Sustainable Agriculture

Thursday, May 18, 2017

Sustainable agriculture is the ability of a farmer to produce food in such a way that the environment and surrounding ecosystem, is unaffected by their agricultural activities. There are a couple of issues that are connected with this form of agricultural activity which are the biophysical issue and social-economic issue. Biophysical is related to the biological activities such as crop rotation, usage of fertilizers and artificial nutrients and the availability of the other resources such as water, wind and sunlight whereas social-economic is concerned with the employment of farmers, the cost of production and total yield.

Talking about the physical attributes of sustainability, it is not properly understood. Most farming practices show that the end result of these practices has resulted in soil erosion, salination and water-logging. Most forests and tropical areas have lost their fertility due to over-cultivation and conventional farming techniques. These conventional farming techniques are being replaced by sustainable agriculture techniques. These techniques include usage of modern fertilizers, genetically-engineered crops, artificial nutrients and usage of renewable sources of energy.

There are many sustainable techniques for extracting nutrients such as nitrogen, phosphorous and potassium which are essential for plant growth. For nitrogen, we can use nitrogen-fixing bacteria’s and the Haber Process to industrially extract nitrogen from the air. As far as phosphorous and potassium are concerned, right amounts of them can be mixed with nitrogen to produce high-yielding fertilizers.

In most areas, rainfall is sufficient to cater the needs of water supply but in other areas irrigation is required. These irrigation systems should be properly utilized in order to make the best use of the water available. Channels should have proper and adequate distribution. Moreover water logging and excessive use of chemicals should be avoided as these lead to salination. Some technologies such as tube wells and water drilling have considerably increased the spread and availability of water.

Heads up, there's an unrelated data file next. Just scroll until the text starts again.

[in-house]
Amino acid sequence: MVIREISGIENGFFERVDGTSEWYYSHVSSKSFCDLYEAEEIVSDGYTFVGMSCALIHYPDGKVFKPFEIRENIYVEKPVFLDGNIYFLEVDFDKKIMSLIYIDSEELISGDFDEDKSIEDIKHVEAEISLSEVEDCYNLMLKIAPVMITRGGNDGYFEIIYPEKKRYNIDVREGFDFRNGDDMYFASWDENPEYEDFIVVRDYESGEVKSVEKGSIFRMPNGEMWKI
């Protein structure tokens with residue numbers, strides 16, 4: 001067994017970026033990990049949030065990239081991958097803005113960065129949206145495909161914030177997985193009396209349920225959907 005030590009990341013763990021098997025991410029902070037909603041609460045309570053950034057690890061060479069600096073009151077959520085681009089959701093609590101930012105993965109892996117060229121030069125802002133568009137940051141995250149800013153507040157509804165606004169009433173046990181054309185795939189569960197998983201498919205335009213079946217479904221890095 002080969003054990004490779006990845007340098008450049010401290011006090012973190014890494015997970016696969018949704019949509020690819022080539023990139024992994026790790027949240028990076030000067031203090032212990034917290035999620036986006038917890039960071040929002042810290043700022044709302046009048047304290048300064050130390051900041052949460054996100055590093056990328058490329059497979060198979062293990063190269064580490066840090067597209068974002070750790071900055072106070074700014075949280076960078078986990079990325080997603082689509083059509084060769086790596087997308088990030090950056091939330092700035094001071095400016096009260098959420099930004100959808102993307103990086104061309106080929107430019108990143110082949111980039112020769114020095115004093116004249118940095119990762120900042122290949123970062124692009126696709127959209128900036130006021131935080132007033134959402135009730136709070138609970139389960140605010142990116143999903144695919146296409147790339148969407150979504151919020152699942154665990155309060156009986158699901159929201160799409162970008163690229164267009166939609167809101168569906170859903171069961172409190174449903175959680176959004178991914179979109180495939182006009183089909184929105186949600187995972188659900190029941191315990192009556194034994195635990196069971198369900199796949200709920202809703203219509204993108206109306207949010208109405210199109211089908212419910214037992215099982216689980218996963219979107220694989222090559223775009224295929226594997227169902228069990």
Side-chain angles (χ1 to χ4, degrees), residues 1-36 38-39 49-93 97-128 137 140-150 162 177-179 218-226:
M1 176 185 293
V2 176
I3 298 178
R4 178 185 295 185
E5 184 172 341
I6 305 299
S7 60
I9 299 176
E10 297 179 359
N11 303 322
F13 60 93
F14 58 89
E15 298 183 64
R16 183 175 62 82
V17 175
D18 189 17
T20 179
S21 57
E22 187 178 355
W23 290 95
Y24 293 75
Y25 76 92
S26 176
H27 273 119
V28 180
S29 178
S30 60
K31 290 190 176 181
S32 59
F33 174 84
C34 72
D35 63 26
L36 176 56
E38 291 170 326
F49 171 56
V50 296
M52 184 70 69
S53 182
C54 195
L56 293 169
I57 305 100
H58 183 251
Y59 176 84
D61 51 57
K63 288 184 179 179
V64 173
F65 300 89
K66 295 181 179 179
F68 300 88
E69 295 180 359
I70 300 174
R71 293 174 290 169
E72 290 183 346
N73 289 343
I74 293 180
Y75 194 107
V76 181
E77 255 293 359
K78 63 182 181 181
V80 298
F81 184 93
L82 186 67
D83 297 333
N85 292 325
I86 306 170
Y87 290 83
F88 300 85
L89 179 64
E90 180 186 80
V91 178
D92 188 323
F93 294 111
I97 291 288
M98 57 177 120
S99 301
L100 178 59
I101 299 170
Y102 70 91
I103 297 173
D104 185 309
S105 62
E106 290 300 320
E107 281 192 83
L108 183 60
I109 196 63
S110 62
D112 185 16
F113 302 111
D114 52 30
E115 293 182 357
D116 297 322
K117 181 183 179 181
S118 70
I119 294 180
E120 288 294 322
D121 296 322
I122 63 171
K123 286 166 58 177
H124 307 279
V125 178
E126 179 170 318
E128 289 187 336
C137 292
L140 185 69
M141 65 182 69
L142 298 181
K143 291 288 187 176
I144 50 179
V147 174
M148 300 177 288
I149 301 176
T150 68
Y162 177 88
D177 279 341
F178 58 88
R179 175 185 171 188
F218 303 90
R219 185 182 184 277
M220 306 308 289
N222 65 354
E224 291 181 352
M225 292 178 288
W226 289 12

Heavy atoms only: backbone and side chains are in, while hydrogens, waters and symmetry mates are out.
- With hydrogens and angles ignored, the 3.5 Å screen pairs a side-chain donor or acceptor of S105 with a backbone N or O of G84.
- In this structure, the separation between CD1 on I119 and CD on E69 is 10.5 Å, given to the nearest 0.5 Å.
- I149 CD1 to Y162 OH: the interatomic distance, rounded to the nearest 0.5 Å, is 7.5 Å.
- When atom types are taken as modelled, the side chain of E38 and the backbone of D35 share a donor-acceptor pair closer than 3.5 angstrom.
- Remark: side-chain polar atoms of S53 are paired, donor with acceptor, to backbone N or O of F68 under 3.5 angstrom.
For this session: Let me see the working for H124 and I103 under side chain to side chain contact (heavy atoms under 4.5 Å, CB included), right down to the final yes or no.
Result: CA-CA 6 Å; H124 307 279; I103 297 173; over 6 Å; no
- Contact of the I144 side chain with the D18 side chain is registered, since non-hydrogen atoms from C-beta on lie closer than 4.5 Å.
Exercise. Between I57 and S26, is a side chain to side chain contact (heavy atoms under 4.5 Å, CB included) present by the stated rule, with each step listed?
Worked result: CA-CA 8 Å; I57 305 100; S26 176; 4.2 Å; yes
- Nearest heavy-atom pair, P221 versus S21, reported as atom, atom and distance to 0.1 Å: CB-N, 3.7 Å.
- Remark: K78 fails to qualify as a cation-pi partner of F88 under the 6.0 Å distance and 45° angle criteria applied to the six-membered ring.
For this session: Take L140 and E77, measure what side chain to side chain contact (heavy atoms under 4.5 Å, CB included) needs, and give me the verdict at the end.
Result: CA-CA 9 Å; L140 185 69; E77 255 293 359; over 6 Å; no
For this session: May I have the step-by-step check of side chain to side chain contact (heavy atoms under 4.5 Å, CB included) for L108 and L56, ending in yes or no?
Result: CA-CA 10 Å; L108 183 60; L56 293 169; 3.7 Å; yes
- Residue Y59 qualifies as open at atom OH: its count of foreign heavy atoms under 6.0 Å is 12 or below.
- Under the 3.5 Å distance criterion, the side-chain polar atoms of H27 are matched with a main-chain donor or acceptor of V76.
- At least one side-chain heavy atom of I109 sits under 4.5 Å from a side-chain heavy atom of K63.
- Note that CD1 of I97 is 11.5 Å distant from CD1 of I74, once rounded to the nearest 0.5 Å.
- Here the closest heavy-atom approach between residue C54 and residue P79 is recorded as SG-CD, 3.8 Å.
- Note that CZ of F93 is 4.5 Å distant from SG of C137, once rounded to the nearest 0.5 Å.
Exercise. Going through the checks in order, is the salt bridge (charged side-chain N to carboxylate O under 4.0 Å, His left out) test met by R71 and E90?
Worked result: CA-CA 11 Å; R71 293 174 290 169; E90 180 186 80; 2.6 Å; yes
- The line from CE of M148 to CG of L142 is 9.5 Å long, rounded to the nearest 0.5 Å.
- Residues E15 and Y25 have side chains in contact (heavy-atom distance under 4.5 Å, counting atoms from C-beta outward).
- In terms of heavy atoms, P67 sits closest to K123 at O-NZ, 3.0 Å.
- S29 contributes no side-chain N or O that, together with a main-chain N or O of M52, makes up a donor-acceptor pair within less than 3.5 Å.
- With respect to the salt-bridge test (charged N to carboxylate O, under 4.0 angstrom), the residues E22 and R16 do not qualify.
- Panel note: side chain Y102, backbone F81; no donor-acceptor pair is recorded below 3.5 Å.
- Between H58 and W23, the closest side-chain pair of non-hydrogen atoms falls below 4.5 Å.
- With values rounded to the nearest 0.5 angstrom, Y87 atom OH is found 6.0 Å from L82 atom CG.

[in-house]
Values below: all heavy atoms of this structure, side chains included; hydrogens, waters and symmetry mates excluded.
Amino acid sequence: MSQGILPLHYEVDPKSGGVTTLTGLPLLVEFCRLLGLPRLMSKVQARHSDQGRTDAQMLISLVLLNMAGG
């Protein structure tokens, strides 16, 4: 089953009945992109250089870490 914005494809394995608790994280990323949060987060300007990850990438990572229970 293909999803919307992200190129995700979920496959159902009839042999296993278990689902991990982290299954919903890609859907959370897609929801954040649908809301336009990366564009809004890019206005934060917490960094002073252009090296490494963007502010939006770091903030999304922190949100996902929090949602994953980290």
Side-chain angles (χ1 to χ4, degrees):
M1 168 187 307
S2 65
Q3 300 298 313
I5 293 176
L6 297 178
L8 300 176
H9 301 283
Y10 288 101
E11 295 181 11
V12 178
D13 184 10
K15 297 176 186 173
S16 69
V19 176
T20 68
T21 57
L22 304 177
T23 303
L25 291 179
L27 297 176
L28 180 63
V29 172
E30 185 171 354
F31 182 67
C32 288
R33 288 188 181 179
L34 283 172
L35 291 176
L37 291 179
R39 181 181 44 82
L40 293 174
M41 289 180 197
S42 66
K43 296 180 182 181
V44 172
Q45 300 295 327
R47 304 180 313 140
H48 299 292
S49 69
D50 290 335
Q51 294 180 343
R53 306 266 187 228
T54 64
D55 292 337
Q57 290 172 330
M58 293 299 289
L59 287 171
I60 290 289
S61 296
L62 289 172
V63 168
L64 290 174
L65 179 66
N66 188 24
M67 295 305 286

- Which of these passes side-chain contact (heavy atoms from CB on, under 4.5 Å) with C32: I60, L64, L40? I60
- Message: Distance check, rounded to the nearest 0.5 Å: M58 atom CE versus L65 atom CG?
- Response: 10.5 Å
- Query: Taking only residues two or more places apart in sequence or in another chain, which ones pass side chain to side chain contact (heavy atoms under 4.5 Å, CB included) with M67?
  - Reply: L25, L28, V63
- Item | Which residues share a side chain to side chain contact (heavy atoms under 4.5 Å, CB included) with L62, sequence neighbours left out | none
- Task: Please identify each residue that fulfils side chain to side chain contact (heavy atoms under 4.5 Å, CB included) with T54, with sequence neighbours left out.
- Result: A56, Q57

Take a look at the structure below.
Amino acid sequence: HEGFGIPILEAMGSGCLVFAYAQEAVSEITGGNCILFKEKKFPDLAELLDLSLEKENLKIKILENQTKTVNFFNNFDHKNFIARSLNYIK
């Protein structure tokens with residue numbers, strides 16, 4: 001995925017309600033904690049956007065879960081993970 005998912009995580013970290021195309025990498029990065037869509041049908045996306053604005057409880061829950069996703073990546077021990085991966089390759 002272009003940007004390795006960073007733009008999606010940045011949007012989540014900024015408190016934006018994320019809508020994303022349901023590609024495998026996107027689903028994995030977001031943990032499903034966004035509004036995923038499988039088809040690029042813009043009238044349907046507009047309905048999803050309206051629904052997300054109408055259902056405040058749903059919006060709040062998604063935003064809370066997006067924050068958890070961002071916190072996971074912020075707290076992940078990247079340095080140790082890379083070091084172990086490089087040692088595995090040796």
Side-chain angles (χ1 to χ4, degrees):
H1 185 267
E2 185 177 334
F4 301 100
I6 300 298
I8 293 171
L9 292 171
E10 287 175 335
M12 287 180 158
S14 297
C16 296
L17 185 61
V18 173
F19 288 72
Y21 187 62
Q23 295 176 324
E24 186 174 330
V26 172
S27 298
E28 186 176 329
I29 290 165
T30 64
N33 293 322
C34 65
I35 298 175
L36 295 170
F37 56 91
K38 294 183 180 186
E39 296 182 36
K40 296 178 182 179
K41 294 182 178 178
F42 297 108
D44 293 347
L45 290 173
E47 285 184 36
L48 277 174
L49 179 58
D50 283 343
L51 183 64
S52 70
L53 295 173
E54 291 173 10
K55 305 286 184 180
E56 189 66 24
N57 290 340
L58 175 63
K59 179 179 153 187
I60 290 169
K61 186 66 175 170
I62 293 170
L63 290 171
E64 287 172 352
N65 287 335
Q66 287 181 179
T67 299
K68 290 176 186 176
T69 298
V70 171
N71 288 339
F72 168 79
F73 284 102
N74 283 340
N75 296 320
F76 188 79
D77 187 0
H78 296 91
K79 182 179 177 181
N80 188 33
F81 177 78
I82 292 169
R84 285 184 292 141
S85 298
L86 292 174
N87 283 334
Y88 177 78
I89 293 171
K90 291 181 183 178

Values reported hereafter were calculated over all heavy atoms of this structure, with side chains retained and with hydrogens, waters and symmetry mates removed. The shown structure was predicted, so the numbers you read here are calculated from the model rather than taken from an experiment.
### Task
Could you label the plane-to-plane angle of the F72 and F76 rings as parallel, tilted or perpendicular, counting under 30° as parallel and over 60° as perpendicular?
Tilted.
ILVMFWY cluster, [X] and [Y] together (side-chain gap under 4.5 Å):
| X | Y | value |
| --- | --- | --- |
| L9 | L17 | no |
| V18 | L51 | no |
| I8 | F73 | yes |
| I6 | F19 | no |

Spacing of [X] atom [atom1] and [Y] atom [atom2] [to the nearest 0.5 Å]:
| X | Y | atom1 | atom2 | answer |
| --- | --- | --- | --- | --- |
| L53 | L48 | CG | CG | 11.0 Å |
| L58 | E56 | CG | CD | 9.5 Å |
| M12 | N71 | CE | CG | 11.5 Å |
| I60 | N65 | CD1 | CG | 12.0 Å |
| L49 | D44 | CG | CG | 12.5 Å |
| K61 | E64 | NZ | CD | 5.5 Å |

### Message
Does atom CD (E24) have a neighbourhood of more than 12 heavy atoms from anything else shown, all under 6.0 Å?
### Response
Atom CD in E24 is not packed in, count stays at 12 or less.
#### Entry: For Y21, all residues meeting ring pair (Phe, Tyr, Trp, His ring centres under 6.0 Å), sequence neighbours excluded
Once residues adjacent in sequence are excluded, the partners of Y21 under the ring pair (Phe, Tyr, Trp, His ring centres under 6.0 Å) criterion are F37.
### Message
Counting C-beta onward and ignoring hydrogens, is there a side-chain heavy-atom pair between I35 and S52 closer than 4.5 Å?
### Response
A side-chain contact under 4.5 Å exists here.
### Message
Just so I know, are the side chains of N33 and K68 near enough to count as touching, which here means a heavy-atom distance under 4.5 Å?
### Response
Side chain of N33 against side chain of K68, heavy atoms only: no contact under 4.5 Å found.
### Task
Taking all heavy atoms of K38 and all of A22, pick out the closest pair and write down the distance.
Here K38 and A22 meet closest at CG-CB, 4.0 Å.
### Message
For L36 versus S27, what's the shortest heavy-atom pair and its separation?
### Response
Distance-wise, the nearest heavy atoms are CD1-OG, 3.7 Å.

Natural Resources these days are scarce and bad agriculture practices mean their extinction. Moreover, these habits also contribute a hand to pollution and damage of the ecosystem. Crops at the time of their distribution should be accounted for the sustainability equation. This means that all the expenses of crop production and distribution should be taken in account before doing the final cost benefit analysis.

There is a big debate between different businesses, farmers and scientists on making the agriculture sustainable. One of the few practices can be growing many crops in a single field. This will reduce the loss of nutrients and will eliminate the chance of soil erosion. On the other hand, climatic conditions and water resources will be best utilized. Monoculture is another method that pertains to sustainable agriculture. This process consists of growing only one crop in a field, but it’s not highly encouraged because it will result in soil losing it’s fertility overtime.

Over-grazing is also one factor that is contributing to soil erosion. This factor’s impact can be greatly reduced by introducing a sustainable approach known as grazing management that include dividing grazing area into paddocks which are easy to manage and takes less space.

The sustainable agriculture does affect the overall food yield and it needs to increase because of ever-increasing world population but these techniques sometimes do negatively affect the environment e.g. usage of fertilizers use to eutrophication and burning of forests to clear land for cultivation may lead to carbon dioxide emissions. Some exponents who favour sustainable agriculture agree on using organic farming. Although this technique yields comparatively low but can be used as an alternative in those areas which are drought-pronged. It’s an expensive method but if people are educated about the usage of this technique, then there are fair chances that it will be used widely and new techniques will be introduced which will increase the output in future.

Another recent ideas that has flocked in market to achieve sustainability demands the introduction of vertical farms which will isolate the crop from pests, provide full year production and on-site production. Again, cost is the major concern which disallows this sustainable agriculture technique.

We can simply deduce the fact that sustainable agriculture is the need if modern world but considerations are to be made as the implementation of these techniques is not quite feasible and requires some thought. Although, really beneficial this technique still remains a dream for under-developed and developing nations.

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